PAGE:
On Remembrance Sunday we commemorate the contribution of British and Commonwealth military and civilian servicemen and women in the two World Wars and later conflicts.
November 11, 2018 also marks the 100th anniversary since the end of the First World War, Armistice Day.
Of course, we must never forget those who gave their lives in service to our country. We especially owe a great debt to all those who helped to save this country – and the rest of Europe – from the terrible onslaught of the Nazi regime in the Second World War.
But as well as remembering all those who fought so hard and valiantly during times of war and conflict, we should also remember all those who worked so hard and valiantly to help to avoid wars and conflicts.
The European Economic Community – later to be called the European Union – was started in the aftermath of the Second World War with one purpose and one purpose alone: to avoid wars on our continent ever happening again. (Article continues after 4-minute video).
That was the passionate resolve of those who are regarded as the eleven founders of the European Union, including our own war leader, Winston Churchill.
After all, Europe had a long and bloody history of resolving its differences through war, and indeed, the planet’s two world wars originated right here, on our continent.
So the EU was never just an economic agreement between nations.
It was always also meant to be a social and political union of European nations to enable them to find ways not just to trade together, but to co-exist and co-operate in harmony and peace on many levels as a community of nations.
The goal, in the founding document of the European Union called the Treaty of Rome, was to achieve ‘ever closer union among the peoples of Europe’ (which is rather different to ‘ever closer union of nations’.)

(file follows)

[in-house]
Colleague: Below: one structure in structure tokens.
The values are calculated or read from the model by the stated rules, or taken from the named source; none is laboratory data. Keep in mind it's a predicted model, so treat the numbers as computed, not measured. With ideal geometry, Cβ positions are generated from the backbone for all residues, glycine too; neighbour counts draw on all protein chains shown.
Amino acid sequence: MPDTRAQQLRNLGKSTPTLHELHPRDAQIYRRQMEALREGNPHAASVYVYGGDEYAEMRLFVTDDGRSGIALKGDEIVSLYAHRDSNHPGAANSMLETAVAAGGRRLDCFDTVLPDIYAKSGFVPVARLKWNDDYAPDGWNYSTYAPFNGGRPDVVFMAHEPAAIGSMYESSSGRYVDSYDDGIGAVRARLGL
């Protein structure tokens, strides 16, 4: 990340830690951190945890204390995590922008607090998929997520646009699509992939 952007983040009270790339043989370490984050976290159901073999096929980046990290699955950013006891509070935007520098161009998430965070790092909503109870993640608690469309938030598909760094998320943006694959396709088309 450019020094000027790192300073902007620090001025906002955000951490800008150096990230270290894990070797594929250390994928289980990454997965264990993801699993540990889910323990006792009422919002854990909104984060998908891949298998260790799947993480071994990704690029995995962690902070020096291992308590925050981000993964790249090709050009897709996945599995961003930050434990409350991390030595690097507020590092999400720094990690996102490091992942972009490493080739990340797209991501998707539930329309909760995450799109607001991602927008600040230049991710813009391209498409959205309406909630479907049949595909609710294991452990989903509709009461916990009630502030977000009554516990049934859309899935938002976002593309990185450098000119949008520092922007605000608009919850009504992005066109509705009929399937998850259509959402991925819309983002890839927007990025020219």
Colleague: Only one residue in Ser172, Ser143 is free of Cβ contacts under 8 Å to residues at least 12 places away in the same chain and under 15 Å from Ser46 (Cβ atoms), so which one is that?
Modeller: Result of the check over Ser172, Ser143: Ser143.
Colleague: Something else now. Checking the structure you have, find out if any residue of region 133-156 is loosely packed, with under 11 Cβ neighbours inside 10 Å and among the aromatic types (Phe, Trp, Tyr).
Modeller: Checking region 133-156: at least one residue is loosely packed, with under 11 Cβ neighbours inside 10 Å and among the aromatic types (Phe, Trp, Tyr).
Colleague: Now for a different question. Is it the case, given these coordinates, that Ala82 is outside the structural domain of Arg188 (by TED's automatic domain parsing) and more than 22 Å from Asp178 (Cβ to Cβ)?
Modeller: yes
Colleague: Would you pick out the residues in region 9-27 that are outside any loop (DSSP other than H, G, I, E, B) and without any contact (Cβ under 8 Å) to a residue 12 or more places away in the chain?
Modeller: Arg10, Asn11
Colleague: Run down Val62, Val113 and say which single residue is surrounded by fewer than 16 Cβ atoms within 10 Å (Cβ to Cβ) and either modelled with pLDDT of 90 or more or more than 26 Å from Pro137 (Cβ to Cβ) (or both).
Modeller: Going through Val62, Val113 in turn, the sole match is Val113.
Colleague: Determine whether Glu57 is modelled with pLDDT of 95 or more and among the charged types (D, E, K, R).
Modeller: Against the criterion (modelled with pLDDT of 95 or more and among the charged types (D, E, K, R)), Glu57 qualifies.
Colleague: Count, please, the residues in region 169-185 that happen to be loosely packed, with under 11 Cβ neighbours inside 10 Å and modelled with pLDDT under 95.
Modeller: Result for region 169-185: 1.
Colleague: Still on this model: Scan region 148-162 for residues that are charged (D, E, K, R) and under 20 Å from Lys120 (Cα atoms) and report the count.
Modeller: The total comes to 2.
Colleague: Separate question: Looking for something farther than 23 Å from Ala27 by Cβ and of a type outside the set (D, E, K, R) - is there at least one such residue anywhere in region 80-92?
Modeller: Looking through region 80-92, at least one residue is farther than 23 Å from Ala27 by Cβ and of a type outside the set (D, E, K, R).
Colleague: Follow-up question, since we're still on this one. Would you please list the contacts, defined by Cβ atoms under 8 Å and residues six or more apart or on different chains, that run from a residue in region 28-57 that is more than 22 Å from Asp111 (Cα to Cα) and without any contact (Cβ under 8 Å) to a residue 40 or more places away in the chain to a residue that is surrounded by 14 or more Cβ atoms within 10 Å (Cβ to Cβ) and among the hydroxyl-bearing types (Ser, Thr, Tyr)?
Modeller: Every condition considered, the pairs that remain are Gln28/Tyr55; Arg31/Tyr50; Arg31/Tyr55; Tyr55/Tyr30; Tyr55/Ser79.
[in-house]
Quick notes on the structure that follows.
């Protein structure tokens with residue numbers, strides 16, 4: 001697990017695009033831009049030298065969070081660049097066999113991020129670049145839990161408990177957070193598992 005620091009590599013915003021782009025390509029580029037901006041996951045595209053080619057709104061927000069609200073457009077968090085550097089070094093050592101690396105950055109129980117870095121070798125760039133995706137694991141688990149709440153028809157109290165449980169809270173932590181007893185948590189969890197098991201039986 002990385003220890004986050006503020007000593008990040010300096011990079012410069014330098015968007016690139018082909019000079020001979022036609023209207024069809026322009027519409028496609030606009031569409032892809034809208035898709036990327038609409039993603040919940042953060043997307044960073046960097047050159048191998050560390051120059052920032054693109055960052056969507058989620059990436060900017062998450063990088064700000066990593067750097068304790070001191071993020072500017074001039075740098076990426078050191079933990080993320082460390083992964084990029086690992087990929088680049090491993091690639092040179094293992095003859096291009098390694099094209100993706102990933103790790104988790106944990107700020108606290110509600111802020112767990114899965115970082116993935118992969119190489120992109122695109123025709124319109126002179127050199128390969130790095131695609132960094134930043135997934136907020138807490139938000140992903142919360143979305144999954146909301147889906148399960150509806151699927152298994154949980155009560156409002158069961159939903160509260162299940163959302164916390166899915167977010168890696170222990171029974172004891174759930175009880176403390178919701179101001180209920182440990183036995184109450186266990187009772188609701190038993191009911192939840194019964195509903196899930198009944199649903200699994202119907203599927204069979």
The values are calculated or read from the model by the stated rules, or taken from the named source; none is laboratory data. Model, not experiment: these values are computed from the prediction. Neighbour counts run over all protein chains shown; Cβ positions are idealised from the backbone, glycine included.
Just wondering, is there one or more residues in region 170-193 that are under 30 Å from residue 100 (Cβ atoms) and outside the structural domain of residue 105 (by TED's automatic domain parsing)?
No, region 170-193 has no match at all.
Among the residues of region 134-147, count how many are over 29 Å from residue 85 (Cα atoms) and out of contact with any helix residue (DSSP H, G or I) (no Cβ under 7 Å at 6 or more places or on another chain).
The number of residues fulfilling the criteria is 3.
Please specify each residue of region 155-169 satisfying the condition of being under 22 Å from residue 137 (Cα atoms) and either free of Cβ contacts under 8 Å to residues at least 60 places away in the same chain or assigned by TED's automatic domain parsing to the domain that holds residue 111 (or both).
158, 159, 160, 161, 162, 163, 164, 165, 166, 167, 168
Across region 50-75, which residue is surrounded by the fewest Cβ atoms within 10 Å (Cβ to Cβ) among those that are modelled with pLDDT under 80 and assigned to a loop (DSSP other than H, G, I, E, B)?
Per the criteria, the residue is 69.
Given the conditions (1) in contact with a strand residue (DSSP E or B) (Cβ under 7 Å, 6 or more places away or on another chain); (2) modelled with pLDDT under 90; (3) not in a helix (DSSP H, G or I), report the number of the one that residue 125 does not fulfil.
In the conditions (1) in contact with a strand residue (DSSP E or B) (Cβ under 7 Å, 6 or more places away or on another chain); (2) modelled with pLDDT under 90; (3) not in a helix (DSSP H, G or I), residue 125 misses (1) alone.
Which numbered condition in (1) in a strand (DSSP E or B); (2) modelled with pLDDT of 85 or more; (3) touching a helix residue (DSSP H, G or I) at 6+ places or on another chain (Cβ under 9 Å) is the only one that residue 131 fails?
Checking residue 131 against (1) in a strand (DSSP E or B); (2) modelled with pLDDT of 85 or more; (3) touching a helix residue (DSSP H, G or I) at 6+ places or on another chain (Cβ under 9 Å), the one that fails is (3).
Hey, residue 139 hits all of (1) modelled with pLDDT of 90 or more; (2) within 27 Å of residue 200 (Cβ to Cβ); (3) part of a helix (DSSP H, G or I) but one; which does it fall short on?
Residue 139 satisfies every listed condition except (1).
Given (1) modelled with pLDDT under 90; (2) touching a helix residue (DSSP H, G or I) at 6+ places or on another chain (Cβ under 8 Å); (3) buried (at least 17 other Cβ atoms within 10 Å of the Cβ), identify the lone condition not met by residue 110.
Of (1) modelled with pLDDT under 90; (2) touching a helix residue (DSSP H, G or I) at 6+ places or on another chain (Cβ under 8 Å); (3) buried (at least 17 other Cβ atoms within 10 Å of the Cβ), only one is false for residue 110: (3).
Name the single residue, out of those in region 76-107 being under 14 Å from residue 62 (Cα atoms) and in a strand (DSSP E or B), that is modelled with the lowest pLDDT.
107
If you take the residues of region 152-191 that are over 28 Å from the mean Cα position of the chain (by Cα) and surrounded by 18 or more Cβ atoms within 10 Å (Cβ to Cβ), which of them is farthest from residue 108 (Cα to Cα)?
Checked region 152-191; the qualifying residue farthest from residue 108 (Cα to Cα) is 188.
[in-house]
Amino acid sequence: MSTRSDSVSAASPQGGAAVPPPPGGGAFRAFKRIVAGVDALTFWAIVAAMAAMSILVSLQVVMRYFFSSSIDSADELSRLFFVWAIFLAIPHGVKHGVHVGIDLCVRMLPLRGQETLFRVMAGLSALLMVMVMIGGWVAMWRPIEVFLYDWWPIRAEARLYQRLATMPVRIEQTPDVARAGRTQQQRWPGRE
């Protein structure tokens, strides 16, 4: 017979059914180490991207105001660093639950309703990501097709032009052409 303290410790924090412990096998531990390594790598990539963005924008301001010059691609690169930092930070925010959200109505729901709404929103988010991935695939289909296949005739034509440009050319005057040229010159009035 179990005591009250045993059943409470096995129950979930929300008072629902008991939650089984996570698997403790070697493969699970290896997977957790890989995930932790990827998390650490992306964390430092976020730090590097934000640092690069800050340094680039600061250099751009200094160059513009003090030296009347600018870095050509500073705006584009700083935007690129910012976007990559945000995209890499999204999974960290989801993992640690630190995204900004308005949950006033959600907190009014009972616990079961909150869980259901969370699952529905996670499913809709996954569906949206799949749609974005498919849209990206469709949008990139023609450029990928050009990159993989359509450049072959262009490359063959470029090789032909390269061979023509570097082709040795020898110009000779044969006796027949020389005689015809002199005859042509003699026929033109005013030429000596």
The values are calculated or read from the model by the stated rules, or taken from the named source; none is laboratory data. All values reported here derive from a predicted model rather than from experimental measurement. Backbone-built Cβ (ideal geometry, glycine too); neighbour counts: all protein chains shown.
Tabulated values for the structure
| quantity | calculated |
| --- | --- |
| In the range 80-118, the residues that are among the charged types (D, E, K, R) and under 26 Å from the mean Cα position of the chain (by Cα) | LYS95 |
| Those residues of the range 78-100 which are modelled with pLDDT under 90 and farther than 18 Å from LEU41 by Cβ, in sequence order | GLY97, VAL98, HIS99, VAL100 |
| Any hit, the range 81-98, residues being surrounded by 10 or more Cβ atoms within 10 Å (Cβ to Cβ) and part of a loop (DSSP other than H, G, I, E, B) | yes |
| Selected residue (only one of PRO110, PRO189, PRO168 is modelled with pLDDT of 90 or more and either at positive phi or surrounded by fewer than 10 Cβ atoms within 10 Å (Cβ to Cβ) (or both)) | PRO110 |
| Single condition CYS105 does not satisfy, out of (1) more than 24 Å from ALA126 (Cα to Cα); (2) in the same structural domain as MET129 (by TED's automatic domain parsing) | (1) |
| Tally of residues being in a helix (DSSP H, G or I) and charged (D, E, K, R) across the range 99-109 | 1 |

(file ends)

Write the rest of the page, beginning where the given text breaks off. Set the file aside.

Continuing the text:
Just one year after the Second World War, in 1946, Winston Churchill made his famous speech in Zurich, Switzerland in which he said:
“We must build a kind of United States of Europe. The structure of the United States of Europe, if well and truly built, will be such as to make the material strength of a single state less important.”
At the time Churchill did not envisage Britain joining the new Union of Europe, but he was later to change his mind.
In March 1957 the European Economic Community (EEC) was established by its six founding nations, France, Italy, West Germany, Belgium, The Netherlands and Luxembourg.
This was a remarkable achievement, considering that these countries only a few years previously had been fighting in a most terrible war, and four of the founding nations had been viciously subjugated by another of the founders, Germany, during their Nazi regime.
In a speech four months later in July 1957 at Westminster’s Central Hall, Churchill welcomed the formation of the EEC by the six, provided that “the whole of free Europe will have access”. Churchill added, “we genuinely wish to join a free trade area”.
But Churchill also warned:
“If, on the other hand, the European trade community were to be permanently restricted to the six nations, the results might be worse than if nothing were done at all – worse for them as well as for us. It would tend not to unite Europe but to divide it – and not only in the economic field.”
Maybe this is the point that many Brexiters simply don’t get.
Here in Britain we don’t seem to understand the founding purpose of the European Union – and on the rest of the continent, they don’t understand why we don’t understand.
The European Union isn’t just about economics and trade, and never was.
It’s about peace, and a community of nations of our continent working together for the benefit and protection of its citizens.
We are now rebuffing our allies in Europe, telling them by our actions and words that the precious, remarkable and successful post-war project to find peace and security on our continent isn’t as important to us as it is to them.
Will our friendship and relationship with the rest of our continent ever recover?
• Article and video production by Jon Danzig
• Photo: central Rotterdam on 14 May 1940 after the bombardment by German war planes. Around 900 people died and vast swathes of the city were destroyed in the bombing. Almost 80,000 people lost their homes when parts of the city became ‘a sea of fire’. Photo: German federal archives via Wikimedia Commons.
- Follow my journalism page on Facebook: Jon Danzig writes
- Follow my Stop Brexit campaign on Facebook: Reasons2Remain
- Join and share the discussion about this article on Facebook: